Today four of us took a taxi and ventured off to a Lion Safari and an Elephant Rehabilitation Center. This was my first day away from the clinic since arriving in India Jan 5th. That alone was reason for much excitement for me. A very nice and attentive taxi driver picked us up at 9am and off we went through the little towns. On the streets were students walking, men and women carrying heavy loads on their heads, some cattle being walked, many rickshaws, motorcycles and merchants, as well as people peeking out of their homes. Us 4 very white women often get waved at, especially by children who say "Hi! What's your name? Where are you from?" men tend to make less eye contact. We drove by a Dam, not sure what body of water it is damming and got into a hillier terrain with beautiful small rivers and then larger bodies of water. The key I am discovering in India is she, India has a mind and will of her own and it's best to go with that and trust.
The Lion Sanctuary was basically 10 acres of land with 7 Lion's. We waited about an hour for the
safari bus while having machine made chai...shhh...don't tell the Dr we had this
Then boarded into a bus that was surrounded in hard wire like a cage. I sat next to a girl living in Bangalore, from India who had just finished her graduates degree in California in Santa Barbara. We had a nice chat about Cali and India. We saw I think one male lion and many female. The male was majestic and initially pissed off we were there, growling at the bus. Someone said a Lion can knock over an elephant...and we were in a bus about the same size. He settled to merely tolerating us, everyone climbing to take pictures. I thought the safari ride was going to be all different kinds of animals and a bit more wide open. I loved the females gracefulness and paws.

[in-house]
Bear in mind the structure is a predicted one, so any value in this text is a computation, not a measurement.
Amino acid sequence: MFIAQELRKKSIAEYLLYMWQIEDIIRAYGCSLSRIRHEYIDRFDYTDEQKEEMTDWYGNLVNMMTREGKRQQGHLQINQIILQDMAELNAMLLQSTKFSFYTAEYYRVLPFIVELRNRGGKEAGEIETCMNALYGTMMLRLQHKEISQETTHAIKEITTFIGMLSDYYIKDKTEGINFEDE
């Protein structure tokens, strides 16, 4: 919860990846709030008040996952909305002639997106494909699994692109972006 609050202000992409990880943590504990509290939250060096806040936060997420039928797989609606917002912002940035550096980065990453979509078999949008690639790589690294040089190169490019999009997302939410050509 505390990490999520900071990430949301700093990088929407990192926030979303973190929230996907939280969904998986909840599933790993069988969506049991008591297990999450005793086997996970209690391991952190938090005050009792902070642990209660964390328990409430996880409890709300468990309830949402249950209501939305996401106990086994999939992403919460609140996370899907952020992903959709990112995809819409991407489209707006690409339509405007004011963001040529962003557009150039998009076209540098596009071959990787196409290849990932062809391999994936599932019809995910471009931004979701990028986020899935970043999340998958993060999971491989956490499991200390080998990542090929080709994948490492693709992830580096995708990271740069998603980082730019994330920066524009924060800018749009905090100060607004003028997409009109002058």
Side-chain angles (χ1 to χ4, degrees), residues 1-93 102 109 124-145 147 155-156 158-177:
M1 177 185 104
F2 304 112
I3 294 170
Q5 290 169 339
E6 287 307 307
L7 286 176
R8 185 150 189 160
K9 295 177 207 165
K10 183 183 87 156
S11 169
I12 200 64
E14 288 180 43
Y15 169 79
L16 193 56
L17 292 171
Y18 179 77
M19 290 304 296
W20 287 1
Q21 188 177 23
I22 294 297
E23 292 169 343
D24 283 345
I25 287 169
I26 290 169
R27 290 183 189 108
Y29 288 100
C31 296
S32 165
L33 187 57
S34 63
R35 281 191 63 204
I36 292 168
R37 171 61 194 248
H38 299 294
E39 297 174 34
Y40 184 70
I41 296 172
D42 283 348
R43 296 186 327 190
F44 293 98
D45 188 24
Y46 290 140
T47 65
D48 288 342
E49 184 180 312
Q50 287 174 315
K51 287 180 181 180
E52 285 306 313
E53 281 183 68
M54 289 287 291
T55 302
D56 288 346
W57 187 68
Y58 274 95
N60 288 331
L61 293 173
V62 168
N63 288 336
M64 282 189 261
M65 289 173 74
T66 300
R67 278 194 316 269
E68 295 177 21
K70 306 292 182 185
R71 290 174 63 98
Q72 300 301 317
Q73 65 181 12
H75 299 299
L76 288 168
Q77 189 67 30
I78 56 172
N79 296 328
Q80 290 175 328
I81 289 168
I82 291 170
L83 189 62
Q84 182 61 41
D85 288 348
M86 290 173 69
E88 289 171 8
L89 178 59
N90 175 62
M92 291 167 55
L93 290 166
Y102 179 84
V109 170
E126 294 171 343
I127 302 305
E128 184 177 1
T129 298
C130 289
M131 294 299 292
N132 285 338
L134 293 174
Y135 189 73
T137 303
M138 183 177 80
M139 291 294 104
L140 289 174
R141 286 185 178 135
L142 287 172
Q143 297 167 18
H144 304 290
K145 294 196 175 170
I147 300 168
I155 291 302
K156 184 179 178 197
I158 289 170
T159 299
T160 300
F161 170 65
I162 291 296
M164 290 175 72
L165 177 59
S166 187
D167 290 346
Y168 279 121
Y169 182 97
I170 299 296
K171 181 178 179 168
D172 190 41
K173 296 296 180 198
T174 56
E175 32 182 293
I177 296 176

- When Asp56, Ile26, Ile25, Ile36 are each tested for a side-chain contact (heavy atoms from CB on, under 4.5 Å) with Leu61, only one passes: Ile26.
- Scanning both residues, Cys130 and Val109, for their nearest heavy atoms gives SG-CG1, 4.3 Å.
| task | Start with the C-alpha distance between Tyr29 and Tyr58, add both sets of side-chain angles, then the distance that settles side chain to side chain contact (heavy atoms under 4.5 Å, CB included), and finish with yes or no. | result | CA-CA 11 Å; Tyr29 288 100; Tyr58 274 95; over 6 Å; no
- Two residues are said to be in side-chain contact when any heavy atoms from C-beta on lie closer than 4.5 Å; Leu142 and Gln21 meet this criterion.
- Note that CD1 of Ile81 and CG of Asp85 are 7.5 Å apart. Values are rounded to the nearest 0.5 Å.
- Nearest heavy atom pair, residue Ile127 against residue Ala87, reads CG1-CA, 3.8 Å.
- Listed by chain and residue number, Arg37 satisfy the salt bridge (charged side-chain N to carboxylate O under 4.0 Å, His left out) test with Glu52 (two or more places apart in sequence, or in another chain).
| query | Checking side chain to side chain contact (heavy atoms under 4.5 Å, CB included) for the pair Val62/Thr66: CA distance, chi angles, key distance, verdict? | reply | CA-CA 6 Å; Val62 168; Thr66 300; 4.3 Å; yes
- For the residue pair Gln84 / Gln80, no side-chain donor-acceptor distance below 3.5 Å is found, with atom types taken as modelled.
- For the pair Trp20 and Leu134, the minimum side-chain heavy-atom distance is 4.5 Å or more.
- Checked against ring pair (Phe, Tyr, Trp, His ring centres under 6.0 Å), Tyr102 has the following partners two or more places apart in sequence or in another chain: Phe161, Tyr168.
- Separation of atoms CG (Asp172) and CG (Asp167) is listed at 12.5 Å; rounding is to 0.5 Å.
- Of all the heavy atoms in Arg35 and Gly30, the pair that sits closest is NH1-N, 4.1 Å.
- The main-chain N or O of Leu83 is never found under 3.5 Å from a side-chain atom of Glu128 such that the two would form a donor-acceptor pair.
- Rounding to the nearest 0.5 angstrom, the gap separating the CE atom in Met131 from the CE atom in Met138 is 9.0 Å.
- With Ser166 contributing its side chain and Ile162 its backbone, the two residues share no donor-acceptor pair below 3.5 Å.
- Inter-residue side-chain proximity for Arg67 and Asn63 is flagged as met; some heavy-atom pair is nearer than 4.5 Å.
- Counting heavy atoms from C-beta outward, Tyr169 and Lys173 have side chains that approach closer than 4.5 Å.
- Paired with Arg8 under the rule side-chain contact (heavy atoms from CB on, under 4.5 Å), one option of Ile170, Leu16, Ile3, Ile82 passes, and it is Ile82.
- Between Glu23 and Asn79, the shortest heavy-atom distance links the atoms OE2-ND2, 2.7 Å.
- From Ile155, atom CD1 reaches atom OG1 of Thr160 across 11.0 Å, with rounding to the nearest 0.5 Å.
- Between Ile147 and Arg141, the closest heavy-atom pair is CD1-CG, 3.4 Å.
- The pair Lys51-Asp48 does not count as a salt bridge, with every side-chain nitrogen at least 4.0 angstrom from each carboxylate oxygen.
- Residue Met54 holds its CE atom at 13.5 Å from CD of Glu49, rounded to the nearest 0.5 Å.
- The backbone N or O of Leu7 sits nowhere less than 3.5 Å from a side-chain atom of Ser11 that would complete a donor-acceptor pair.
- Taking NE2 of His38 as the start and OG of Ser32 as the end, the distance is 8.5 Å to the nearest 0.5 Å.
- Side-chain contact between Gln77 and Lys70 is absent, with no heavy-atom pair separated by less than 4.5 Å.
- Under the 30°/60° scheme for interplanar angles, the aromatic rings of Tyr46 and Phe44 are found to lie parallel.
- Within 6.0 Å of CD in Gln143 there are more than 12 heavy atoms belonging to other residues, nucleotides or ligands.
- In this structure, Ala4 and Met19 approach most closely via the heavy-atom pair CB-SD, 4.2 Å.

At the elephant rehab, we saw a very sweet, very large elephant upon entering. 2 India teenage girls rode the elephant, one of them screaming when the elephant took off. The elephant was very tolerant and minded its keeper well, we hope they are kind to her. The driver asked us to come up a path, there we came upon
a 76 year old male, he was chained, he had 2 blunted tusks, not sure why. I pray he is treated well. Both elephants did not seem fearful. I do hope on my travels to see an elephant in the wild out walking about that I come across naturally.
Later I went to town with one of the other guests that was going home that night. On the way back we decided to go to a temple. She had been approached by the holy man that runs it on the street days before. He guided us in and did a involved blessing for both of us with chants, spritzing water on our faces and head, anointing our 3rd eye with white and red powder. Kali is the goddess of endings and beginnings, Kali was significant for me in my purification process. We both felt deeply blessed and grateful for his generosity.
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